Course features have a considerable impact on tire choice. As an amateur, I thought, “If it’s wet, use mud tires.” That’s not always the correct decision. There are courses that are sticky and slow but don’t have much in the way of turns. A mud tire would offer excellent grip…perhaps more than you need. If you can execute all the turns with confidence at race speed, you have enough grip.
Watch the up-close tire shots at the beginning of races here. I think you might be surprised by the tread choice relative to the conditions. Given a historical knowledge of treads that suit the course, riders have the confidence to run the minimum tread necessary. Grifos get plenty of use here. They are a good all-around tire and are excellent in sand. This is handy since almost every course has at least one sandpit.
Off-cambers and rideable, steep hills require more traction. In those cases, we are seeking to use the tread to cling to the off-cambers and offer traction on the climb. For a course requiring more traction, we would probably begin pre-ride with Baby Limus. If the traction is sufficient, the decision is made. Start with less traction and move to more (Limus) as needed.
On a day like Gavere, the pits are surprisingly busy during pre-ride. Like others, I headed out on Baby Limus but found the traction insufficient. I let out some air and they were better, but still did not have enough traction for race speeds. I went into the pit to switch to Limus to finish my testing.
When I arrived at the pit, there were a lot of riders there. There were also a lot of mechanics releasing mud-covered tires from bikes and swapping for more tread. The mechanics also bring both pumps and gauges to the pit for pressure adjustments. On course and away from the pits, some of us bring gauges, while others simply let out a “pfft” of air and check it with a gauge after.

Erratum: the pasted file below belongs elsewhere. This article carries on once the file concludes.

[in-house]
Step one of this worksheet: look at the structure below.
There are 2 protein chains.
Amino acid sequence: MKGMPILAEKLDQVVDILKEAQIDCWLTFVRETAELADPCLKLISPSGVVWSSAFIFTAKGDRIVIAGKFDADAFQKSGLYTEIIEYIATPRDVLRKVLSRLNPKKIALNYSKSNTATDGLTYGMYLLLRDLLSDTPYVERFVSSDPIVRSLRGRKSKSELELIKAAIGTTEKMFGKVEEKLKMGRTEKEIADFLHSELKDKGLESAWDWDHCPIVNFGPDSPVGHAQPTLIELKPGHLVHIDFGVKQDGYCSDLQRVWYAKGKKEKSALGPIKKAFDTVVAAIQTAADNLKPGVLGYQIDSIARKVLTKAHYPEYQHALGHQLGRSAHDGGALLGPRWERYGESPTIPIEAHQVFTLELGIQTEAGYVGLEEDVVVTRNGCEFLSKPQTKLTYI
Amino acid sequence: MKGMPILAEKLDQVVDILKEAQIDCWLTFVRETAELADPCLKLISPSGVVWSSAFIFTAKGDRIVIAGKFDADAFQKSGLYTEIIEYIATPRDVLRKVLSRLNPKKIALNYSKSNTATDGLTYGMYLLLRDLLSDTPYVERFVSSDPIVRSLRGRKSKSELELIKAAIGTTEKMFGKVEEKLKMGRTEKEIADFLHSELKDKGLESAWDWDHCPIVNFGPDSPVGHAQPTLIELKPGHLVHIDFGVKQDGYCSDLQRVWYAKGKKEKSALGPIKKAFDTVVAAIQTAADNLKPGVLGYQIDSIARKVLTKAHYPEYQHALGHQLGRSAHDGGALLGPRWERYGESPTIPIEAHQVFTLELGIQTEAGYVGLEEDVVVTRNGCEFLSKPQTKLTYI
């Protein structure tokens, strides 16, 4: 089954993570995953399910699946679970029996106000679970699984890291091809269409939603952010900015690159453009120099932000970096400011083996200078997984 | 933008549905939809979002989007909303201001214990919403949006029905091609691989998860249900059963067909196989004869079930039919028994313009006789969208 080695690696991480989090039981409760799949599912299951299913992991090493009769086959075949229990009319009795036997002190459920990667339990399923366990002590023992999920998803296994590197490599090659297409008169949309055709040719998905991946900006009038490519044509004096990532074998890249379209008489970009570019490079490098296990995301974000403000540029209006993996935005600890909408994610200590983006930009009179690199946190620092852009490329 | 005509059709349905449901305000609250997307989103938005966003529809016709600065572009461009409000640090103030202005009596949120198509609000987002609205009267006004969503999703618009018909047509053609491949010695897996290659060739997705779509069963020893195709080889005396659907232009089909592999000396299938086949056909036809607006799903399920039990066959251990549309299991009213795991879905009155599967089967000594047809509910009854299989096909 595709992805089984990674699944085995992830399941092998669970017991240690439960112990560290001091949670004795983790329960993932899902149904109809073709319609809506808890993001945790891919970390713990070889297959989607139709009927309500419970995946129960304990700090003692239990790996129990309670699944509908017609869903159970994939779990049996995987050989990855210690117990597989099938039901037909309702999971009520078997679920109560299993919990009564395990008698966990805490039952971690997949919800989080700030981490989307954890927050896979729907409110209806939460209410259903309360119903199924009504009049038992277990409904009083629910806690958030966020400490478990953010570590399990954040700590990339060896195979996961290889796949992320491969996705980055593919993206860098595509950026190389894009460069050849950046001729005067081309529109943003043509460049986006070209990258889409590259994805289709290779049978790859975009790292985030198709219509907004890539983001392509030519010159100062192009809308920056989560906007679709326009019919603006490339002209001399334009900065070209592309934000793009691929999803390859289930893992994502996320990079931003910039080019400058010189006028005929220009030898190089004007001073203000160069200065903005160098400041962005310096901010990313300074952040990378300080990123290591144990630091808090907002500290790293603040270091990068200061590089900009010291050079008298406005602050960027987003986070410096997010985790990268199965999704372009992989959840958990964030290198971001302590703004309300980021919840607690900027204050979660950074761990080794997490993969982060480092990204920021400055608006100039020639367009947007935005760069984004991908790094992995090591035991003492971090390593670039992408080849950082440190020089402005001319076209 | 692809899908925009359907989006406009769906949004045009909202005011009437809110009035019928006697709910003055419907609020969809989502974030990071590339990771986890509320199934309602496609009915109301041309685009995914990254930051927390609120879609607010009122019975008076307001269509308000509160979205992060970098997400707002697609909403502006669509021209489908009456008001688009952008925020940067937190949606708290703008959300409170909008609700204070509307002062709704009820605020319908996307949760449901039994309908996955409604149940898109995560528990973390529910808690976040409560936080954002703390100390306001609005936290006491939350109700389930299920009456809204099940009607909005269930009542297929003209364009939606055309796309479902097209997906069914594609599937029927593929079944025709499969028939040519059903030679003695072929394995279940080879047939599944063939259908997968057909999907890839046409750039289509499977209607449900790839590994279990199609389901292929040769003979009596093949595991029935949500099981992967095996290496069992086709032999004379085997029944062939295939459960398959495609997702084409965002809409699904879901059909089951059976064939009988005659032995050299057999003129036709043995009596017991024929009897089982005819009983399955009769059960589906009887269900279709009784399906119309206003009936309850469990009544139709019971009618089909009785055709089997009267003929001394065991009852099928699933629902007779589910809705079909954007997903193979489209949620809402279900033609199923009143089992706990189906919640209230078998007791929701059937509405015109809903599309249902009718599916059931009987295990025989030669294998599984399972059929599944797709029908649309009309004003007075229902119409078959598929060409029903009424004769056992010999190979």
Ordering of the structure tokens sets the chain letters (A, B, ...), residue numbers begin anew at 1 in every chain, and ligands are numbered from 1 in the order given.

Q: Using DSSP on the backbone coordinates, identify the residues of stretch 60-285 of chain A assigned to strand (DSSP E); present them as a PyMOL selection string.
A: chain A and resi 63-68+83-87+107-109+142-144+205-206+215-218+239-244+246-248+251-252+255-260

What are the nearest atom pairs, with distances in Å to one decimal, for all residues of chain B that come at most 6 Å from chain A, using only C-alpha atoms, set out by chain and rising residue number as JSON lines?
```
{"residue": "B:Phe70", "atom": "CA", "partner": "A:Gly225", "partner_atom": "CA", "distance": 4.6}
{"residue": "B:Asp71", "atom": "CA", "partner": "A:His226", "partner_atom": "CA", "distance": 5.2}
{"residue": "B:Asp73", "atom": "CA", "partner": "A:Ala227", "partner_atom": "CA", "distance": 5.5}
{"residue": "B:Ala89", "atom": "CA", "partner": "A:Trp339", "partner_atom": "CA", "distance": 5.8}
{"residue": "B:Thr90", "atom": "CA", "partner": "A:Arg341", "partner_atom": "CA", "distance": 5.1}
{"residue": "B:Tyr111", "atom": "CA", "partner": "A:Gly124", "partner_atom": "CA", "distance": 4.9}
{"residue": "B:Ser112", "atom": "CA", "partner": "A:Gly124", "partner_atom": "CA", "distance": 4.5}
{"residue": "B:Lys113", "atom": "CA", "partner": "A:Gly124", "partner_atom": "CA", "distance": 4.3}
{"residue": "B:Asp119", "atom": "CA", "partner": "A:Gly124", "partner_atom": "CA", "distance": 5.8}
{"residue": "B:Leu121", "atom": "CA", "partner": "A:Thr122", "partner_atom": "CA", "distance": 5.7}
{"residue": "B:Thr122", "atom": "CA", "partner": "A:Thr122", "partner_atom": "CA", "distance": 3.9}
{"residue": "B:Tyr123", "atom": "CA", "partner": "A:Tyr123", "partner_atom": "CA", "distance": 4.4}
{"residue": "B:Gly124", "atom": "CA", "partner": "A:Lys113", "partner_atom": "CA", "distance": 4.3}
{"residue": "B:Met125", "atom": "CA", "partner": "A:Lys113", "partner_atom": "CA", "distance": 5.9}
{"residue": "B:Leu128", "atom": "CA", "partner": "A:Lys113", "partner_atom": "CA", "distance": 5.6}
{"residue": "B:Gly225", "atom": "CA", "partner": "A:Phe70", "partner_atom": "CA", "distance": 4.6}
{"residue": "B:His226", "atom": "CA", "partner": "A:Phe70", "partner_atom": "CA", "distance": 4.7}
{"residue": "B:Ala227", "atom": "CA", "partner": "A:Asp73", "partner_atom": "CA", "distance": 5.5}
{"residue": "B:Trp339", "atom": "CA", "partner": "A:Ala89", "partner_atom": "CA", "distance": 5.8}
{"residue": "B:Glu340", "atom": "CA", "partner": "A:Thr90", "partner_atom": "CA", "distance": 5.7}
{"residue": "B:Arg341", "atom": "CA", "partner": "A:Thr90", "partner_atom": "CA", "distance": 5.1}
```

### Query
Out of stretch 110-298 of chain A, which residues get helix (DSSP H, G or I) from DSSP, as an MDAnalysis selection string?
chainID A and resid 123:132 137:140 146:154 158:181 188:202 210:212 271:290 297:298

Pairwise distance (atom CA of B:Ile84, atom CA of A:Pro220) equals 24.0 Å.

If you are new to finding the right pressure, I suggest the Wyman-method of dividing your weight in pounds by 10 for your lowest pressure in psi, and adding 10psi for your max pressure, assuming tubulars.
At this point in my career, I know my own personal median and range. From there, I can guess what pressure a course will require and then make small adjustments during pre-ride. One surprising thing is the degree to which you can use changes in pressure to extend the range of tires. Taking out a single PSI makes quite a difference when your “ordinary PSI” is in the teens!
I’d be remiss if I did not mention the tires I wish I had ridden this year. I have a set of Dunes waiting patiently for “the right day.” However, with both Zonhoven and Koksijde canceled this year, Mol is the only remaining “sand race” before Worlds. Likewise, I have a pair of Chicanes, which are probably my favorite for early-season U.S. racing—next year.
The Final Minutes
Returning from pre-ride, we change into dry layers and eat a snack while the mechanics clean bikes and inflate tires to our chosen race and pit pressures. Again, we communicate our set-up wishes to our mechanics via the whiteboard. We also tell them which gear to put the bike in for each pit exchange. (This is based on the terrain that immediately follows the pit. Is it a standing sprint or an uphill slog?) If we have one pit we are more likely to use, we tell the mechanics. If there are pit concerns the mechanics have, they tell us. For example, there are venues where the power washers are known to be insufficient and changing on the half-lap isn’t feasible.
Personally, I begin my trainer warm-up 60 minutes before the race start and get off 30 minutes before the race start. After changing into dry layers, etc., I arrive at the start some 15–20 minutes before “go”. As you have seen on television, in Europe we are allowed to make laps of the starting stretch. (Yes, they let us ride backward on the course!) I typically do a few starting efforts, just a couple of seconds getting up to speed, during the start area laps. While waiting to be called up, I have a final, small serving of carbs and a couple of sips of water.
With three minutes to go “drie minuten,” I remove my mask and hand my warmups to our soigneur. And then there’s the “rode groene lichten” and the start of the race…..
Thanks to those who submitted questions! If you have a question, please direct message me via social media.